Pectoralis Minor: Learn Your Muscles

The pectoralis minor doesn’t seem like it should be a big deal to your body, but it is. Although the pectoralis minor is mostly know as the only anterior scapular stabilizer, it also is an important neighbor. If your pectoralis minor is dysfunctional, it can prevent your serratus anterior from working correctly. This can cause a winging scapula or glenohumeral dysfunction.

Here’s more about this important anterior muscle.

Location

pectoralis minor
Thanks to the University of Washington Radiology for the image.

The origin for the pectoralis minor is on the anterior surfaces of 3rd, 4th, and 5th ribs near the costal cartilages. Costal cartilage is the cartilage that connects the sternum to the rib.

The insertion for the pectoralis minor is on the coracoid process of the scapula. Although we think of our scapula (shoulder blade) as being on our back, it is a rather odd structure that also runs through our body (to help create the shoulder socket). There is a portion of the scapula, the coracoid process, that is visible on the front of our body. It is located approximately under the end of your clavicle (collarbone).

Function

The pectoralis minor depresses scapula and causes downward rotation of the scapula. It is the only anterior muscle to stabilize the scapula. However, if it is dysfunctional, it can be a leading cause of a misplaced scapula.

Common Dysfunction

A weak or tight pectoralis minor can cause some funky shoulder blade placement. On one hand, if the muscle is tight, it may lock the scapula down in a depressed position. It could also cause the scapula to have downward rotation.

On the other hand, it can be a cause of winging (when the bottom edge of the scapula peels away from the back), and its dysfunction can inhibit the serratus anterior from performing upward rotation of the scapula. When this happens, it’s called glenohumeral dysfunction.

Restoring or Maintaining Health

If you believe you have sprained, torn, or injured this muscle, please visit your doctor. Your doctor can order all of the appropriate imaging, therapy, and medicine needed to help you recover quickly.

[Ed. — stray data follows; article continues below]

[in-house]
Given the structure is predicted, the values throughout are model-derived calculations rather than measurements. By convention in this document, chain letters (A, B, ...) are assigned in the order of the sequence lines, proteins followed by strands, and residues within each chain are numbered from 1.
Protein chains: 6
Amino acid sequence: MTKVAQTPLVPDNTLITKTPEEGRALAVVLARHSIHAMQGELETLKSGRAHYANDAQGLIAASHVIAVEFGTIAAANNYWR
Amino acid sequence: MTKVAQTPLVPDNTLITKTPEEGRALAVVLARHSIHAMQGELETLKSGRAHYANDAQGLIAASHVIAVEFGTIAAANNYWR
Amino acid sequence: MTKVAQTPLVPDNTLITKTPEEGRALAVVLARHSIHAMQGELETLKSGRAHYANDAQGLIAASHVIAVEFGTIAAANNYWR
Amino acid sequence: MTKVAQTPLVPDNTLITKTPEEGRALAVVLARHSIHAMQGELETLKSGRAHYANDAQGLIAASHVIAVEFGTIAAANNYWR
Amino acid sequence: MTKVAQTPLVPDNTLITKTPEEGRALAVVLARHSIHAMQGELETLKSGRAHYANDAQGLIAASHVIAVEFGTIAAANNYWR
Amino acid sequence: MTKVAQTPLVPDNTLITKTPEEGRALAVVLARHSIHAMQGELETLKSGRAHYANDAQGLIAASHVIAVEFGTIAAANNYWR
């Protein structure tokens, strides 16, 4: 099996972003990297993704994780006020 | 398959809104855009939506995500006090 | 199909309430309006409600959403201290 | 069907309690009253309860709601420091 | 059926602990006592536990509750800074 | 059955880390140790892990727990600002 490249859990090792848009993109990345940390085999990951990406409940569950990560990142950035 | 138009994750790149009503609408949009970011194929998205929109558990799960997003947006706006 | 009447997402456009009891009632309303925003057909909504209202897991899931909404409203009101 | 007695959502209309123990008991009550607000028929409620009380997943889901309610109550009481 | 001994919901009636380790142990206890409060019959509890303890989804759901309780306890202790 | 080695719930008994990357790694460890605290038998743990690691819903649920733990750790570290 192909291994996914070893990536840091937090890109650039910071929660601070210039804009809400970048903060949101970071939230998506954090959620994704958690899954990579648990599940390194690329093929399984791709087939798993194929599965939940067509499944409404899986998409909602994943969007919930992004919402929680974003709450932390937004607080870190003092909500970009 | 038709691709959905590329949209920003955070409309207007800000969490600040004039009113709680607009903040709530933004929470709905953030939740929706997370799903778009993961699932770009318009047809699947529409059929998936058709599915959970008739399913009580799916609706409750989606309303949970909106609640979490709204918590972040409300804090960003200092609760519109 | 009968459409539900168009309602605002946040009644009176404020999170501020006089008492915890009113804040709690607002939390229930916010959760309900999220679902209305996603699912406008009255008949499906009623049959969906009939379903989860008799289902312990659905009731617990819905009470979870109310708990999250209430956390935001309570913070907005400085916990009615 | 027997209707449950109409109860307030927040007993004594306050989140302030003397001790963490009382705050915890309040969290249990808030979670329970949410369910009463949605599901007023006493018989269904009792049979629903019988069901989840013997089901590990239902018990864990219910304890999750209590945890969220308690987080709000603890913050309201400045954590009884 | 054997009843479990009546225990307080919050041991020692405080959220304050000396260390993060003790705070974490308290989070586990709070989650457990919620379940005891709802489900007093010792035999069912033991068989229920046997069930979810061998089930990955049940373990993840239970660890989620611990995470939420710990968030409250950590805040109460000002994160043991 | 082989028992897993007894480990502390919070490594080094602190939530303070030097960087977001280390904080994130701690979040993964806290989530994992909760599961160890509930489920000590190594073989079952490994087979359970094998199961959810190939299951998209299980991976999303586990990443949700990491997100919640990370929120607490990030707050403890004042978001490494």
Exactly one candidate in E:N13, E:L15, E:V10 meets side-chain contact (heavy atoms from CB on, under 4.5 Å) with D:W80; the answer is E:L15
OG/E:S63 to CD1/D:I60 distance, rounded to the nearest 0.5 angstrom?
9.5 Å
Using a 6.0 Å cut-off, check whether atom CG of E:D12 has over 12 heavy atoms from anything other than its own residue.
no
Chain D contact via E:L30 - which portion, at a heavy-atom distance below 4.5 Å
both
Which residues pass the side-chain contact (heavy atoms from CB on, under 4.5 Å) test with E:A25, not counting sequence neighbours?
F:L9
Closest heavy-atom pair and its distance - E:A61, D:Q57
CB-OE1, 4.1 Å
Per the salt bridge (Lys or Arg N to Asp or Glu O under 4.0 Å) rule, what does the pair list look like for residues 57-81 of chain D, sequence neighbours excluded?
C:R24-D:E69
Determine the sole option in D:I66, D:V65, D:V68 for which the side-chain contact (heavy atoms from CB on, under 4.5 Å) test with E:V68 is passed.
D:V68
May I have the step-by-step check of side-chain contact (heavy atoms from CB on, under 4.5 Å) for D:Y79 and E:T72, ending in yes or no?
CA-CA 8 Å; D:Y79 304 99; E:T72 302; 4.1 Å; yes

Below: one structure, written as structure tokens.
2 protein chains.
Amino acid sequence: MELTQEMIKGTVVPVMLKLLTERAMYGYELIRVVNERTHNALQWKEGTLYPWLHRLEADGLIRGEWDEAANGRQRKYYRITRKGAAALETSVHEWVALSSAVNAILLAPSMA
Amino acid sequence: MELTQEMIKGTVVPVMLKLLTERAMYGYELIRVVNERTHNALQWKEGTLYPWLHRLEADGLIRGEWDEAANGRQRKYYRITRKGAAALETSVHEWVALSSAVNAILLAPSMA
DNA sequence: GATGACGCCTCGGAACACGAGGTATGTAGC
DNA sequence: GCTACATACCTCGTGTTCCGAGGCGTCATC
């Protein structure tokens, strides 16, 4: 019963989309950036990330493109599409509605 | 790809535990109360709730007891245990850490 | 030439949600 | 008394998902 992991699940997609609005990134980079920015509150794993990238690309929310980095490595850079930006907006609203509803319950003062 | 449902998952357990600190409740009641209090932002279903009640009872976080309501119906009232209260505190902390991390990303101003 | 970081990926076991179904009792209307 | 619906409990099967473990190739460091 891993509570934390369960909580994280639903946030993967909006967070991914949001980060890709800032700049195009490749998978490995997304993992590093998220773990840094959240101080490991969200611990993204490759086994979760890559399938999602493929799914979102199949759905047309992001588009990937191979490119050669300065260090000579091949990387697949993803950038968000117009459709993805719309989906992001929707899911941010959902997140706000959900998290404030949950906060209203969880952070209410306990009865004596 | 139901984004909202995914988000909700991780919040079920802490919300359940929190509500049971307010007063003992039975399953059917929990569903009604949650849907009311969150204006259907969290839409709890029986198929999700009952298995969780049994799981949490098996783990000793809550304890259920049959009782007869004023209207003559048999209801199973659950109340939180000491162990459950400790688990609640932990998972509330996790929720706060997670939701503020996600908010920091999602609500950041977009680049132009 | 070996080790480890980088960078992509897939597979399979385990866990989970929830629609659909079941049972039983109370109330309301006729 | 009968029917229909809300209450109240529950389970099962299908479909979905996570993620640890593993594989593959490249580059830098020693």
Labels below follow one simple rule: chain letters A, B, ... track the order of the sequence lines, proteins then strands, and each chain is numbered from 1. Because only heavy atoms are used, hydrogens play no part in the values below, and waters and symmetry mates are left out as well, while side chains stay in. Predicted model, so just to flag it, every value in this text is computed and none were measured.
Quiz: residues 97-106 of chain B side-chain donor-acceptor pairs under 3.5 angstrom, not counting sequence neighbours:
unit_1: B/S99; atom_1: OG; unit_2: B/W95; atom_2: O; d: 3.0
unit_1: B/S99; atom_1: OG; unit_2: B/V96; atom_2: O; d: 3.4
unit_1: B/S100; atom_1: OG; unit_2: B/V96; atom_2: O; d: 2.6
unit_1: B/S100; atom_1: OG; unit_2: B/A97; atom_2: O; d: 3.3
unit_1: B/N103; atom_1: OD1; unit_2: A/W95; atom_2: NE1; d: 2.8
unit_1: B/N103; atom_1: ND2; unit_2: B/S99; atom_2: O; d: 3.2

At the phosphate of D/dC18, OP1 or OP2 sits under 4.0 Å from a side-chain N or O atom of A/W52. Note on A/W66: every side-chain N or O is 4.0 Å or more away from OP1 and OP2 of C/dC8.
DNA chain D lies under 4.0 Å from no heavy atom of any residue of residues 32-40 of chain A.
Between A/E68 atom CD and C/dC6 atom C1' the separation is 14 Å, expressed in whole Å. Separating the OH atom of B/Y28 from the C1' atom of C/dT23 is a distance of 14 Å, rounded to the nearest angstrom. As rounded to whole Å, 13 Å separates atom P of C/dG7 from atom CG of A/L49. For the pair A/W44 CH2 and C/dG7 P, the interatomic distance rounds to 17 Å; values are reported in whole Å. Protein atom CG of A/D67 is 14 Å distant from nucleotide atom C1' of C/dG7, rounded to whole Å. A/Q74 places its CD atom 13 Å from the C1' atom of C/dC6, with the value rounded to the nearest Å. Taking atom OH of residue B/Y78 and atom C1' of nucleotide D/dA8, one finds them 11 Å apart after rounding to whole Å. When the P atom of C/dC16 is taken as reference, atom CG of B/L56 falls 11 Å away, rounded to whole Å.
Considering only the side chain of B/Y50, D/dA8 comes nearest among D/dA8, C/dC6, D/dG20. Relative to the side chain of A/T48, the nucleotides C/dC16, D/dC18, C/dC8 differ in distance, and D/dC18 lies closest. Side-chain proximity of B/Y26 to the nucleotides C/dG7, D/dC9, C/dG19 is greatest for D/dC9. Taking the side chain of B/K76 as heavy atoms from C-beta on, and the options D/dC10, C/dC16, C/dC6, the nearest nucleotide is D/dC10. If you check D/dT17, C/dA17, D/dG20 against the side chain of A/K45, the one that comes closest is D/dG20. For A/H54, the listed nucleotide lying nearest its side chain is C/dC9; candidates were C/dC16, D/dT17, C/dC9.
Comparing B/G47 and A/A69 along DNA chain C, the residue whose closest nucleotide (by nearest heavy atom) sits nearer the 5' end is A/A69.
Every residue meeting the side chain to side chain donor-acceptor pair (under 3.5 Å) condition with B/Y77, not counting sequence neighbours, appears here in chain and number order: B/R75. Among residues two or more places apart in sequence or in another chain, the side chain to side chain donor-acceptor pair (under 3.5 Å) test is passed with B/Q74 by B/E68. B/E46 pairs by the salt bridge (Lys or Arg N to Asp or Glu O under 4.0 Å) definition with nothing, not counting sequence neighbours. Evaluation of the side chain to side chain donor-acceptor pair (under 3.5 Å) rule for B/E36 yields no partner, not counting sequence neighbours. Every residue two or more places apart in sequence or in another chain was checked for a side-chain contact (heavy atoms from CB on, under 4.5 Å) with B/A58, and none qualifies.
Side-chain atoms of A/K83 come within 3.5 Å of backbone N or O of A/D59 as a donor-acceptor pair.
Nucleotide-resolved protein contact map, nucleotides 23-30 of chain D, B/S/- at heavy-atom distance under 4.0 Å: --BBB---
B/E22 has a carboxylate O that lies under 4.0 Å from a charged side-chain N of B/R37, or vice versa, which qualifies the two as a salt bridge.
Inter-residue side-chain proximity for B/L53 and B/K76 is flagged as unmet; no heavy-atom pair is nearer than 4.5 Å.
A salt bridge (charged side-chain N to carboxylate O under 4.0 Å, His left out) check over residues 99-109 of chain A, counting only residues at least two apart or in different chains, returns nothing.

If your issue is minor (like a winging scapula) and you want to restore health and function yourself, here are some exercises.

  • Use a tennis ball or lacrosse ball. Feel free to roll around to break up any tight spots or fascial adhesions. I recommend standing and rolling on a wall. It sort of feels odd because you’re so close to the wall, but it’s a lot easier than trying to do this while on your stomach on the floor. Just make sure to keep your arm straight by your side while you roll.
  • Hit the gym. Although a dumbell fly is most noted for building pectoralis major, pectoralis minor does get challenged.

This muscle is rather challenging to work by itself. It works as part of a group to stabilize the scapula, and it’s the next door neighbor to the pectoralis major. Personally, I recommend that you roll to loosen the area then be mindful of your shoulder blade placement as you perform pectoralis major strengthening exercises like Push ups or Sun salutations.

More Information

I consulted my Flash Anatomy Muscles Flash Cards. If you really enjoy anatomy and want a tool to help you locate specific muscles correctly, I highly recommend these flash cards. I turn to them any time a client comes in with pain.

Here’s a link to buy them on Amazon. If you purchase them from this link, I earn a small commission.

What’s your favorite way to strengthen your pectoralis minor? Let us know in the comments below.

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Sarah Stockett is STOTT certified in Matwork, Reformer, Cadillac, Chair, & Barrels, Injuries & Special Populations, and CORE; a Yoga Alliance RYT-200; and has studied Active Isolated Stretching. When she is not trying to discover the best exercises to get rid of pain, she likes watching movies and travelling with her family.

2 comments

  1. Great advice on ball massage for the pec minor! A tight, shortened pec minor can be the result of forward/rounded tilt of the shoulders caused by a slouched posture (e.g., always looking at your cell phone or in a downward direction). This also often causes tension in the trapezius and levator scapula muscles in the back of the shoulder.

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